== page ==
Now, on to the picks (home teams in CAPS):

Chicago (+5) over INDIANAPOLIS

The Colts became the first team to forgo a bye after a London trip, opting to take theirs later in the year instead. General manager Ryan Grigson said it’s part of the team’s no-excuses culture: “There’s a point and time where you just have to forget about all the baloney and beat the guy across from you.” The Colts’ choice may have seemed savvy when they made it in the spring, but who among us would have guessed that by Week 5 they’d be an injured mess, with Andrew Luck getting hit too much and the defense failing to stop anyone? Knowing that would have required watching a Colts game at any point in the last four years, or Googling the team name, or being within 300 miles of Indianapolis.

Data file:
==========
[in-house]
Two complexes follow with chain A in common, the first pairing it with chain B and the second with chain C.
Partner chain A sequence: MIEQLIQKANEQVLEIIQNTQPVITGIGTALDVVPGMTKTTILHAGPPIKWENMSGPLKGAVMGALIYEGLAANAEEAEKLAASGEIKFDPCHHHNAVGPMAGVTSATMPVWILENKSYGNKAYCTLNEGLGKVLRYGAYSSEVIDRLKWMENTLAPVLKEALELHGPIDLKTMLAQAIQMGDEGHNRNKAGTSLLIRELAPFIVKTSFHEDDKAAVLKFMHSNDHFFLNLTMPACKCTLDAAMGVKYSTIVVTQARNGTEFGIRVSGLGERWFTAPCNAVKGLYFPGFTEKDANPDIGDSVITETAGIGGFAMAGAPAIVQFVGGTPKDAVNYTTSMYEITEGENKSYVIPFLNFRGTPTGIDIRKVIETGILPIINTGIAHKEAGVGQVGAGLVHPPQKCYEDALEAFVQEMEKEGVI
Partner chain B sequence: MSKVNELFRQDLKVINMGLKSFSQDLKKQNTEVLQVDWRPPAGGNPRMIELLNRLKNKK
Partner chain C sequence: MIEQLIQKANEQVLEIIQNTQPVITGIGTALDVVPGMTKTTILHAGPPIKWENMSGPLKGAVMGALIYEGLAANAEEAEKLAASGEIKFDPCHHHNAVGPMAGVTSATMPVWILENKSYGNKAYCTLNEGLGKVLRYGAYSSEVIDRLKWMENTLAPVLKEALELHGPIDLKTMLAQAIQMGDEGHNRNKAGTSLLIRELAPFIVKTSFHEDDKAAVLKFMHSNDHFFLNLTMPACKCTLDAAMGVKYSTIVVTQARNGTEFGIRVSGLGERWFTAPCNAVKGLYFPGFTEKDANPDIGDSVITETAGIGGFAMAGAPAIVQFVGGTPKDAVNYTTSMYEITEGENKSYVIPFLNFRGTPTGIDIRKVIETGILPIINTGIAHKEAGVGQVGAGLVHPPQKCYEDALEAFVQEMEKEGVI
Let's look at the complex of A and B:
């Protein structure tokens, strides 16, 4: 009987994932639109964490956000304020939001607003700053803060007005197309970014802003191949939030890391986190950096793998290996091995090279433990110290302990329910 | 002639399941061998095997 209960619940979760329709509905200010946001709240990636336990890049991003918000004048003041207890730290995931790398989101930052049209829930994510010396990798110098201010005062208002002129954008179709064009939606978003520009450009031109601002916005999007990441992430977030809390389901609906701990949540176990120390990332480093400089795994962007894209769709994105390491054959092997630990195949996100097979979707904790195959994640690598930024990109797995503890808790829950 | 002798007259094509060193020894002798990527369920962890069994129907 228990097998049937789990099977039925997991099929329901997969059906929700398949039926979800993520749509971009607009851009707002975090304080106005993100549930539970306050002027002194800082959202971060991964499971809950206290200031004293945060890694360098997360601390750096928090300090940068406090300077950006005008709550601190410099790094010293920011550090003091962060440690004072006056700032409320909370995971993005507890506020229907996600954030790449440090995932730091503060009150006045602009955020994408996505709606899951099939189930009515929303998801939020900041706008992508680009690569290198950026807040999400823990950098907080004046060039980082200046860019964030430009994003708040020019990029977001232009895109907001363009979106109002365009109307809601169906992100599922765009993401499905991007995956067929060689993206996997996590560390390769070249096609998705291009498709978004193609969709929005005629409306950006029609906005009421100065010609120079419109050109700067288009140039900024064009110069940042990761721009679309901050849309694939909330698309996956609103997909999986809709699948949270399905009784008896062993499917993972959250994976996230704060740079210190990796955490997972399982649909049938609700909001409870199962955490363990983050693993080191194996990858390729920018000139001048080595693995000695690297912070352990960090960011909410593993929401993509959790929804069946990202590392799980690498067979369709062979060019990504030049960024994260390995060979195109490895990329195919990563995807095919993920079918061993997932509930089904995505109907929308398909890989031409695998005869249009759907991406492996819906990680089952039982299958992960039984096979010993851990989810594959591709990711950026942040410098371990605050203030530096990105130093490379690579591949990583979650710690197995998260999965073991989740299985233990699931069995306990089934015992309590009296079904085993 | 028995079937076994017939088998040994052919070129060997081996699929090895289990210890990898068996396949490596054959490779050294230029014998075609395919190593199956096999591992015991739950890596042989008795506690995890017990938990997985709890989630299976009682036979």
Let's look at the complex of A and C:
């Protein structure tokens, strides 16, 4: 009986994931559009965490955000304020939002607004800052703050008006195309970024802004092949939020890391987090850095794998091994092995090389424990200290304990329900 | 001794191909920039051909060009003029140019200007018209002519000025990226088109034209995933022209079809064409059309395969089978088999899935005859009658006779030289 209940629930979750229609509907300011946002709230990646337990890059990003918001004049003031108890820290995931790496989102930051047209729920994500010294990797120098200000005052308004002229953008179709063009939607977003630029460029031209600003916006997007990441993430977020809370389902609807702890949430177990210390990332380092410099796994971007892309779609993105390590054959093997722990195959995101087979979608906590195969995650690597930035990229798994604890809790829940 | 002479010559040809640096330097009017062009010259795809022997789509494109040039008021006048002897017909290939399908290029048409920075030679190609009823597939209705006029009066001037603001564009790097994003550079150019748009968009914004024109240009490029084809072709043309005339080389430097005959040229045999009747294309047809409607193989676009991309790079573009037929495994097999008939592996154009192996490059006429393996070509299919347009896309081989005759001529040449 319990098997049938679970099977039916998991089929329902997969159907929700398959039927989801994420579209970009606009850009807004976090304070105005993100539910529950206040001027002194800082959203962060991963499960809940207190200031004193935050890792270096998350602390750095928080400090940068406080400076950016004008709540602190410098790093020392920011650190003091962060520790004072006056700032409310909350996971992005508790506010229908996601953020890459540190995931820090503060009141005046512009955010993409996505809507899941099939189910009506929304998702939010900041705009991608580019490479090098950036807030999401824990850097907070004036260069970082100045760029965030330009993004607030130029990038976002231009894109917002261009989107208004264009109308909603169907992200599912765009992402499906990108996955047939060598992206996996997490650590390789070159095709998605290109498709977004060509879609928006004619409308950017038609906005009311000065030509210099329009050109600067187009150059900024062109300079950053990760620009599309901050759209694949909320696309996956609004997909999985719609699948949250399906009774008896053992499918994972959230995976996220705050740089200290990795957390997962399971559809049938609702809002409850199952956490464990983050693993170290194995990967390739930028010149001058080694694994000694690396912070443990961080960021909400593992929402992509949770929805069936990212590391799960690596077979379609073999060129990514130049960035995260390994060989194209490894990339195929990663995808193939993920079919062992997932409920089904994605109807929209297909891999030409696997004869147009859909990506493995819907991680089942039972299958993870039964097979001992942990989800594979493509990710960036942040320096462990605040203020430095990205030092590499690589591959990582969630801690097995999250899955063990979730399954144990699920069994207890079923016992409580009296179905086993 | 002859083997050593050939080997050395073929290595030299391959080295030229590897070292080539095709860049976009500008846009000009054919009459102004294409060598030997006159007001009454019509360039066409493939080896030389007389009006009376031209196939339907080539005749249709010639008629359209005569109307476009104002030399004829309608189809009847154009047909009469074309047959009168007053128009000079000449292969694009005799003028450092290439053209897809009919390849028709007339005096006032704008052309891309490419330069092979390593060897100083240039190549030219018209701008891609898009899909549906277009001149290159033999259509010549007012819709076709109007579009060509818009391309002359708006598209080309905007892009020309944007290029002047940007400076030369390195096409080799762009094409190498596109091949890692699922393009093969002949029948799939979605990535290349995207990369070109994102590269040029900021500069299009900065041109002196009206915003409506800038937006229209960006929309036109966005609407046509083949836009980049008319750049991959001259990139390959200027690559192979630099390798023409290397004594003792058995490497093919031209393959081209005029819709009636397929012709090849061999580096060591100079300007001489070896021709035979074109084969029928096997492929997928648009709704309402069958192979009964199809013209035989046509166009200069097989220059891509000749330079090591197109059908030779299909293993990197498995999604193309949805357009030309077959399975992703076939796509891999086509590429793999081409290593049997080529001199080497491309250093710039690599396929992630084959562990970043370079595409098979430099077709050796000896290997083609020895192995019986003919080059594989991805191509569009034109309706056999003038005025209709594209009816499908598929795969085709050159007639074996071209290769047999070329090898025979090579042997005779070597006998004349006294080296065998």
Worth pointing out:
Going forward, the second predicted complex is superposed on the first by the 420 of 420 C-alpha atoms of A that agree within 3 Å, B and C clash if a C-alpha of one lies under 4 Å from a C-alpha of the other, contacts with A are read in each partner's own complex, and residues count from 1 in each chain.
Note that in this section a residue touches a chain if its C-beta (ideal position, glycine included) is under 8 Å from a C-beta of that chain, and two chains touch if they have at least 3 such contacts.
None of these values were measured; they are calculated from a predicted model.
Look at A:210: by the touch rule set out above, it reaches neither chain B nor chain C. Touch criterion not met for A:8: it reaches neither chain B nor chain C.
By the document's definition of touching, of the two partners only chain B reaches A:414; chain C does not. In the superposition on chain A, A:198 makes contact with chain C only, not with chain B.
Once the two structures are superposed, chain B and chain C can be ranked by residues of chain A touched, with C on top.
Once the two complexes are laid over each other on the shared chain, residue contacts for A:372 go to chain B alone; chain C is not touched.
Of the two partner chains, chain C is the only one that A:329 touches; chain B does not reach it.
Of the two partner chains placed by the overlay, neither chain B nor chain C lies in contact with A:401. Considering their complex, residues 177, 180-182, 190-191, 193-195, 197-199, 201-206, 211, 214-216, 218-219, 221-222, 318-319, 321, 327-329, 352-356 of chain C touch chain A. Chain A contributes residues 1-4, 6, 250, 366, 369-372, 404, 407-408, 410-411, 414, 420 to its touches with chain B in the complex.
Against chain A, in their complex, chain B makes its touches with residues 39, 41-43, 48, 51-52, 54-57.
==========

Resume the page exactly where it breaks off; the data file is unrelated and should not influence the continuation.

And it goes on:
Things are so bad that the Colts are getting heat for relying on Luck too much. This is true in the same way that Cast Away relied on Tom Hanks too much. For large swaths of the movie, Hanks’s character was the only one capable of speech, and Luck seems to be the only Colt capable of performing. He needs help now.

Meanwhile, Bears defensive coordinator Vic Fangio says he’s “feeling pretty good about it.” He’s talking about the Cubs’ World Series chances, of course, not the Bears. But for once, he could be talking about his own team. The Colts will win, but it’ll be closer than it should; look for the Bears to cover.

MIAMI (-3.5) over Tennessee

The Dolphins have covered three of their past 14 games overall and just two of their past 12 home games. The Titans have covered three of their past 14 games overall and just four of their past 17 road games. Please do not watch this game. If you must — for instance, if you play for one of the two teams — make sure to not look directly at the events on the field.